If you were to search for a quick answer about whether a Commercial General Liability (CGL) policy covers damages resulting from faulty workmanship under Pennsylvania law, you’d probably come away thinking the answer was “no.” Many headlines, purported state investigations, and news reports come to this conclusion based on the general finding that a manufacturing defect causing damage only to the work itself is not an “event.” according to the standard definition of the CGL insurance policy. But this analysis misses a critical nuance in the case law and the important distinction between damages to the negligent contractor’s work and damages to “other property”.
A recent decision in federal court for the Eastern District of Pennsylvania is another example of a case seeking to exclude coverage for faulty workmanship as a general proposition. But a closer look at this decision…Main St. America Assurance Co. v. Howard Lynch Plastering, Inc.— reveals that it has no impact on claims for property damage and bodily injury caused to third parties by poor workmanship.
In this case, WB Homes built a number of homes in Montgomery County, Pennsylvania using Howard Lynch Plastering as a subcontractor. WB asked Lynch to take out CGL insurance for the project. After completion, many homeowners asserted claims for faulty work, including missing flashings, exposed wood, inadequate drainage, and other issues. Some of the claims were resolved and others were still in arbitration or litigation, but the common question among them was whether Lynch’s liability insurance provided coverage.
The insurer, Main Street America Assurance Company, filed an action for declaratory judgment asserting that it had no obligation to defend or indemnify WB or Lynch in the owners’ claims. Main Street argued that because the owners’ claims were for construction defects, they did not constitute “events” under the Main Street policy. In response, WB argued that the claims constituted events because they involved “faulty products” instead of “faulty construction”.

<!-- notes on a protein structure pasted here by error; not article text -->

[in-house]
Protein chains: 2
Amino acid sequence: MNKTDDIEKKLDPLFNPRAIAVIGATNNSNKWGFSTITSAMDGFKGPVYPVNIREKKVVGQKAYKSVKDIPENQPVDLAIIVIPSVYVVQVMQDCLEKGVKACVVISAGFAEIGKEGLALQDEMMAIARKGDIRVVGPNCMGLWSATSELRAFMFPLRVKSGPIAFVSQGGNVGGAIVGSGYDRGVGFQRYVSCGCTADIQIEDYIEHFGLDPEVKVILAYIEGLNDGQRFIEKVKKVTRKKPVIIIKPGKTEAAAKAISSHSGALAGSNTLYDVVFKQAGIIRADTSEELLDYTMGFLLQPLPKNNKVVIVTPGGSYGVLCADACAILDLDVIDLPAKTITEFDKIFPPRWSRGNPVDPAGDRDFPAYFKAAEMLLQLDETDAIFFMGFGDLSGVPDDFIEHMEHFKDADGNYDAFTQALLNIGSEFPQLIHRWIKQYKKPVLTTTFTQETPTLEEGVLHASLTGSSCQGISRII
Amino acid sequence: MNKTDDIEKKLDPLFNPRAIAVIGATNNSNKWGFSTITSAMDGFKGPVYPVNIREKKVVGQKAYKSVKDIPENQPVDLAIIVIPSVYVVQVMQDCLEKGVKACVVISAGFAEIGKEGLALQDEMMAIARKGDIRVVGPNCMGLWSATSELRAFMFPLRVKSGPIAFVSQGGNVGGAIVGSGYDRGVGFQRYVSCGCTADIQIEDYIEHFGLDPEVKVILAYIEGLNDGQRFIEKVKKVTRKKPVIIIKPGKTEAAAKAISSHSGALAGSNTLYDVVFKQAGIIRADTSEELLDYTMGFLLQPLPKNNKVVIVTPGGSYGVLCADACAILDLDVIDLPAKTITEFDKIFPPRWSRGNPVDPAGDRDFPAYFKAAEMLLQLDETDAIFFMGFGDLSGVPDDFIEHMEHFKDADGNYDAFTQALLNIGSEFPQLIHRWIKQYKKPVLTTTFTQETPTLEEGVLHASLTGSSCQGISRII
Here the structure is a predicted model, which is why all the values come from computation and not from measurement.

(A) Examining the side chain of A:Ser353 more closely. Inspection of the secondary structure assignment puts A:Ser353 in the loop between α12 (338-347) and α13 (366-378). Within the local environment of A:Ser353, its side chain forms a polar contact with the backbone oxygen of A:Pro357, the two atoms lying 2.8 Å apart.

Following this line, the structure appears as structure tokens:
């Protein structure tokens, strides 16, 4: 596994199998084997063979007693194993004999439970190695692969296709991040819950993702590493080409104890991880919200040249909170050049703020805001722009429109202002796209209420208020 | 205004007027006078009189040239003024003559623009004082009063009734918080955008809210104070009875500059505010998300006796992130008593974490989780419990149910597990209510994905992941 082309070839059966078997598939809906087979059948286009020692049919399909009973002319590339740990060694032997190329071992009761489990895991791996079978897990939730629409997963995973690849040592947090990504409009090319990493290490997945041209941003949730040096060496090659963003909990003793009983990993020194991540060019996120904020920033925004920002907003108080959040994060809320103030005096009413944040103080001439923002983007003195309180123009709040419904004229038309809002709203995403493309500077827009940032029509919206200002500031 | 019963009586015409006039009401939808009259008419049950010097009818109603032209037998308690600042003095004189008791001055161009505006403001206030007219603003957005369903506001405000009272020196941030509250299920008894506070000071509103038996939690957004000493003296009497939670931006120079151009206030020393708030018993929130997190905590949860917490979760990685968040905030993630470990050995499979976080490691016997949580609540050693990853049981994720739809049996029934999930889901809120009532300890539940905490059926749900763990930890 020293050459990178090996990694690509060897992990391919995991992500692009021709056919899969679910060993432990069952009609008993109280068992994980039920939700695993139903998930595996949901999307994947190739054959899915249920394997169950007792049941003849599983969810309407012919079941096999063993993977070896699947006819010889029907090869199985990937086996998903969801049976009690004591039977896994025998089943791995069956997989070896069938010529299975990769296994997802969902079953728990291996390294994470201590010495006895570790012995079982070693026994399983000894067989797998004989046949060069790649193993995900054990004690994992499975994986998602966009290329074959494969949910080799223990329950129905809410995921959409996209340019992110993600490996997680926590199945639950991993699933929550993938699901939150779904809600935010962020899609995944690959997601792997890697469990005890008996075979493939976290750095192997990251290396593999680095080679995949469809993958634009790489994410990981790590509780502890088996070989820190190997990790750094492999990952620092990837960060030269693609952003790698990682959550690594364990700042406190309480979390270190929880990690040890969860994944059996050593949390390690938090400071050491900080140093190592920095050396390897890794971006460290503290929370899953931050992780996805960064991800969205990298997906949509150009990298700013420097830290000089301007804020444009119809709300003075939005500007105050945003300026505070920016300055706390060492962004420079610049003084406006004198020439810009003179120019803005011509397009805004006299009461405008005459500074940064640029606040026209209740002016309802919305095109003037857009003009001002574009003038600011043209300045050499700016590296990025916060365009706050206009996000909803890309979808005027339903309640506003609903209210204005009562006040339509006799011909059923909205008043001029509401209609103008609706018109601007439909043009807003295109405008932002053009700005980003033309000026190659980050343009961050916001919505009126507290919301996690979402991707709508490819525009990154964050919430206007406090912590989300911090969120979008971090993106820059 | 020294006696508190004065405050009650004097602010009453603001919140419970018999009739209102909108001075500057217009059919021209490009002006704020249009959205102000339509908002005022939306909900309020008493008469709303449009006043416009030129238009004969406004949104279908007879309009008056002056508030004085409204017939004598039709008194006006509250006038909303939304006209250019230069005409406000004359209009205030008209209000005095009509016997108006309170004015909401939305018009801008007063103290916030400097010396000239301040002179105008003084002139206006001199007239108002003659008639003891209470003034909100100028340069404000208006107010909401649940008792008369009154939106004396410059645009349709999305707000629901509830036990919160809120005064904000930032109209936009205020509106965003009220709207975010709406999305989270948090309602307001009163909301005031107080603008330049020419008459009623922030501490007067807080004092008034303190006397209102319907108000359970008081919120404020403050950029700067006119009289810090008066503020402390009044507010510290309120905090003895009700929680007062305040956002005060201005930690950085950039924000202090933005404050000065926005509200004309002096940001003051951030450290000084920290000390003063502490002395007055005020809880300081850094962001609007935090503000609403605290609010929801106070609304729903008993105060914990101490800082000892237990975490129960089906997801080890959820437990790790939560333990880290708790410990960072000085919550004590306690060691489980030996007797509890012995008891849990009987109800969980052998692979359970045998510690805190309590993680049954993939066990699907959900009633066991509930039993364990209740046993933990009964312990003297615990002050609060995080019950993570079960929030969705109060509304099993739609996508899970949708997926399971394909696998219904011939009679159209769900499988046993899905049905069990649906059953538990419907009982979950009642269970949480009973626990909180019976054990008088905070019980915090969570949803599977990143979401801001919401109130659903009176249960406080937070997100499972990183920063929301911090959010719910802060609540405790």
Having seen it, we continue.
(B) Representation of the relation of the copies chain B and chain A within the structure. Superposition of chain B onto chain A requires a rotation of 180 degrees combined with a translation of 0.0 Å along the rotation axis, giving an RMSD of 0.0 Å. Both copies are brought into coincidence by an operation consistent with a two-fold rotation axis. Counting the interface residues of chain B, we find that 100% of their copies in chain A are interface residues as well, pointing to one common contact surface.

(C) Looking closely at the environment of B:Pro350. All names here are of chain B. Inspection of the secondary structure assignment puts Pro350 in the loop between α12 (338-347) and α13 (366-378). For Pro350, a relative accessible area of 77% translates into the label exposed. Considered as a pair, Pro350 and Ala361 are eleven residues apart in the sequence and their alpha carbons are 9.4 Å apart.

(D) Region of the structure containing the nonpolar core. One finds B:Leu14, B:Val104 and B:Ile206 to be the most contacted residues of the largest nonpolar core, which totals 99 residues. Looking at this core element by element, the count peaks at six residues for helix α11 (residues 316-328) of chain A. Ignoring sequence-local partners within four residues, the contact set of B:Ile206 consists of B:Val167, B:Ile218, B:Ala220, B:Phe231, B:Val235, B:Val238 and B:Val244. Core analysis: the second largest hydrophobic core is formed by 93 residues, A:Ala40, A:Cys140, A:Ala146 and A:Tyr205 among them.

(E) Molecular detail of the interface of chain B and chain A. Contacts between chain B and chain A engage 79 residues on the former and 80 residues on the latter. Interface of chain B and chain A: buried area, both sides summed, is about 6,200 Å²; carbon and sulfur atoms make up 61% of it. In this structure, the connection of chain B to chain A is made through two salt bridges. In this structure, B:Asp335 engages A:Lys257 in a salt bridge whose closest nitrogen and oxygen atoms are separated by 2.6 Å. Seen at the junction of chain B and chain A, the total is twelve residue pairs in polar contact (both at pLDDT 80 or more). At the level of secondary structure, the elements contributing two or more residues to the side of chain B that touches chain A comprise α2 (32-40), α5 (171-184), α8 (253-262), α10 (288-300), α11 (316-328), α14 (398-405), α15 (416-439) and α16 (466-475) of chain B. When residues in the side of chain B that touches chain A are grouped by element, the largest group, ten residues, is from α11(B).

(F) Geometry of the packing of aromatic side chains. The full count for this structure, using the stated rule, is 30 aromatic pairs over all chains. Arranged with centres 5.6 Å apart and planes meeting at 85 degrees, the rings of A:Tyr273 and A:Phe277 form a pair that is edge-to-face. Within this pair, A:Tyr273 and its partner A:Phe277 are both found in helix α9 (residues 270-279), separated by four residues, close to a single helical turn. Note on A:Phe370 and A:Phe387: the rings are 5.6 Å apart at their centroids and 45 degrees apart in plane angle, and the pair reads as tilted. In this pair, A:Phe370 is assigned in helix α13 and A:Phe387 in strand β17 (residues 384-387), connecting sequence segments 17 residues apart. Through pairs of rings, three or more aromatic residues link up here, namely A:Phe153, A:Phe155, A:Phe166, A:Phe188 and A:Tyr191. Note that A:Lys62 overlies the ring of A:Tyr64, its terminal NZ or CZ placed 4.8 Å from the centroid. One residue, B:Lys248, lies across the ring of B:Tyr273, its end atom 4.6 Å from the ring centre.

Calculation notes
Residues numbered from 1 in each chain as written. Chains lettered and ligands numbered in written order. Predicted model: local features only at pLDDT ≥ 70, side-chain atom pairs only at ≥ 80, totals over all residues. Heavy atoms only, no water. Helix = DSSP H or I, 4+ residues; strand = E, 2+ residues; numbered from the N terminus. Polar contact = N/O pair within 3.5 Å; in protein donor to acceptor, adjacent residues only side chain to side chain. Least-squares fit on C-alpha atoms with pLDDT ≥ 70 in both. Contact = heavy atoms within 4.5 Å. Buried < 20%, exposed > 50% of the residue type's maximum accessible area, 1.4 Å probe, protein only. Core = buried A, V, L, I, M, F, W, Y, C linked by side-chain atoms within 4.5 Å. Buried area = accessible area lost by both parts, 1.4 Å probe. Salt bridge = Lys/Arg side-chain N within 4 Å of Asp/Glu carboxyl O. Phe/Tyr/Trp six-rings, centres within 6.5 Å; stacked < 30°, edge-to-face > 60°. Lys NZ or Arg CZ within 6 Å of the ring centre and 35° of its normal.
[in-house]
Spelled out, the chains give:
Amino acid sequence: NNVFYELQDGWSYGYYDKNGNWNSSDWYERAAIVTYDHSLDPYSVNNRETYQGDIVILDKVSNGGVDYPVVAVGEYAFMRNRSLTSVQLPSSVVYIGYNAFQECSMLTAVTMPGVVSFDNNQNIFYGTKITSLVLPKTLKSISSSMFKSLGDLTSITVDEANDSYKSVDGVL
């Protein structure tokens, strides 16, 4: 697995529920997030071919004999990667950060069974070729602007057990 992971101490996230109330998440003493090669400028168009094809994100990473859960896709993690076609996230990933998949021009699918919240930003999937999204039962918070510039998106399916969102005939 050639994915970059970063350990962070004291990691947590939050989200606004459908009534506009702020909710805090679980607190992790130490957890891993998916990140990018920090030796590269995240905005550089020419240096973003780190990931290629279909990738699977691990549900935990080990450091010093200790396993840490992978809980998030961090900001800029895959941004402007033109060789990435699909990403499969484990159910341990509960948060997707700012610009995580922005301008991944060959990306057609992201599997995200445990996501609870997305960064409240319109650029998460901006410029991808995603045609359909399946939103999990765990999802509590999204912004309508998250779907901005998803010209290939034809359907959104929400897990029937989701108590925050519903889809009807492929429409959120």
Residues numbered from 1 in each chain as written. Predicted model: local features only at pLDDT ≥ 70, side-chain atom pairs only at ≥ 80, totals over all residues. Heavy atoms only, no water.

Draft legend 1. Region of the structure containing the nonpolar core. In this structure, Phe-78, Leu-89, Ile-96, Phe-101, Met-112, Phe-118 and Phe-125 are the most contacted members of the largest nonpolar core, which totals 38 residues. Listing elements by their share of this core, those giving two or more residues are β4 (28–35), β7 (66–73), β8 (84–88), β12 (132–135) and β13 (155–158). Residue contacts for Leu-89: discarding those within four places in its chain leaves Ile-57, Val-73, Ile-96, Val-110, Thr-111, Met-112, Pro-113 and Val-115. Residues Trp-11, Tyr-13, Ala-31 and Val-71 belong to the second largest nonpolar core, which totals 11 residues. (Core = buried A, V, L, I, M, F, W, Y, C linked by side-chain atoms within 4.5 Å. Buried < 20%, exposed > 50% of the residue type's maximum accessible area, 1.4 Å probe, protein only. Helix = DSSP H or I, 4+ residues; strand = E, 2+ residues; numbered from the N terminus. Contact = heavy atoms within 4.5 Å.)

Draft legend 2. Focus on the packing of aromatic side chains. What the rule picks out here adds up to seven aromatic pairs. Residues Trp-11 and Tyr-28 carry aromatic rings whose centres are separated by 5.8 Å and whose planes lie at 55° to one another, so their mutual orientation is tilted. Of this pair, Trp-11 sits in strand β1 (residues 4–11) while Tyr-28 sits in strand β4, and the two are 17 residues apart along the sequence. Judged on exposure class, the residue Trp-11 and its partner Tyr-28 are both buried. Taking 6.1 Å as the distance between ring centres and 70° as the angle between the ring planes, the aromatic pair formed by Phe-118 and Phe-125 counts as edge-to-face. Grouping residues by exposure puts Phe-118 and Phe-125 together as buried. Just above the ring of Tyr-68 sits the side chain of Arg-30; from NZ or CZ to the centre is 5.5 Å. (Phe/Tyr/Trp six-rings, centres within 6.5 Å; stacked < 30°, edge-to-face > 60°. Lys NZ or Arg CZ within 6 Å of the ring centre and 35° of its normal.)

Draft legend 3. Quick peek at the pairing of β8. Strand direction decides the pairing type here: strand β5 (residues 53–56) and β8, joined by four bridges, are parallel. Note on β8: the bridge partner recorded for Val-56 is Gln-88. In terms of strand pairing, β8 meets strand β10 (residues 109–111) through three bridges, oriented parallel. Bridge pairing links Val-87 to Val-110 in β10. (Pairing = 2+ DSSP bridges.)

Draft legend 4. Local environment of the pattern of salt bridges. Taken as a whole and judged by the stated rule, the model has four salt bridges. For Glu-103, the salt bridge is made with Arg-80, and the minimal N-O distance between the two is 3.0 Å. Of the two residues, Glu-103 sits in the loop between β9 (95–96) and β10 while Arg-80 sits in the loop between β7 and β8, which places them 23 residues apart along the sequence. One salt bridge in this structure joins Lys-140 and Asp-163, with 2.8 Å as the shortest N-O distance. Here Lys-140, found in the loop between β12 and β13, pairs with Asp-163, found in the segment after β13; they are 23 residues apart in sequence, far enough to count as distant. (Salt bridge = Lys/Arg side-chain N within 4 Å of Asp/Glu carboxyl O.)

Citing prior authority from the Pennsylvania Supreme Court, the district court observed that an “event” generally does not include faulty construction in Pennsylvania, because liability policies are intended to cover “accidents” and a faulty construction is not an “accident”. To hold otherwise, according to the district court, would turn liability policies into performance bonds. Importantly, the district court distinguished Indalex Inc. c. National Union Fire Insurance Co., a more recent case in which a defective product caused property damage other than the product itself. Because the owners have asserted claims against WB and Lynch for purely defective workmanship, none of this is surprising or out of the ordinary. The court’s final ruling simply reiterated what Pennsylvania courts have already said: a manufacturing defect that only damages the work itself is not an “event.”
Therefore the BM The decision should be viewed for what it is: an ordinary faulty case where the insured requested coverage to repair the faulty work itself. There is no indication in the BM decision that the owners allege damage to other property resulting from the faulty work. Indeed, the BM court specifically distinguished Indalexin which the Pennsylvania Superior Court ruled that where the underlying cases “disclosed tort claims based on damages to persons or property, other than the product of the insured, we cannot conclude that the claims are not covered by the cover. The Pennsylvania Supreme Court declined to review the Superior Court’s decision in Indalex, and that remains the good law in Pennsylvania. Although this decision focuses on defective products, clear similarities can be drawn between a defective product and defective workmanship, both of which can cause unintended damage to non-defective work.
To the extent that defective work causes property damage other than the work itself, there is always a path to coverage in Pennsylvania. Indeed, other Pennsylvania courts have recently recognized that liability policies can provide coverage for faulty workmanship causing bodily injury or damage to other property. Policyholders should not accept an insurer’s refusal to cover faulty workmanship claims. There may be covered damages entitling you to a defense and compensation.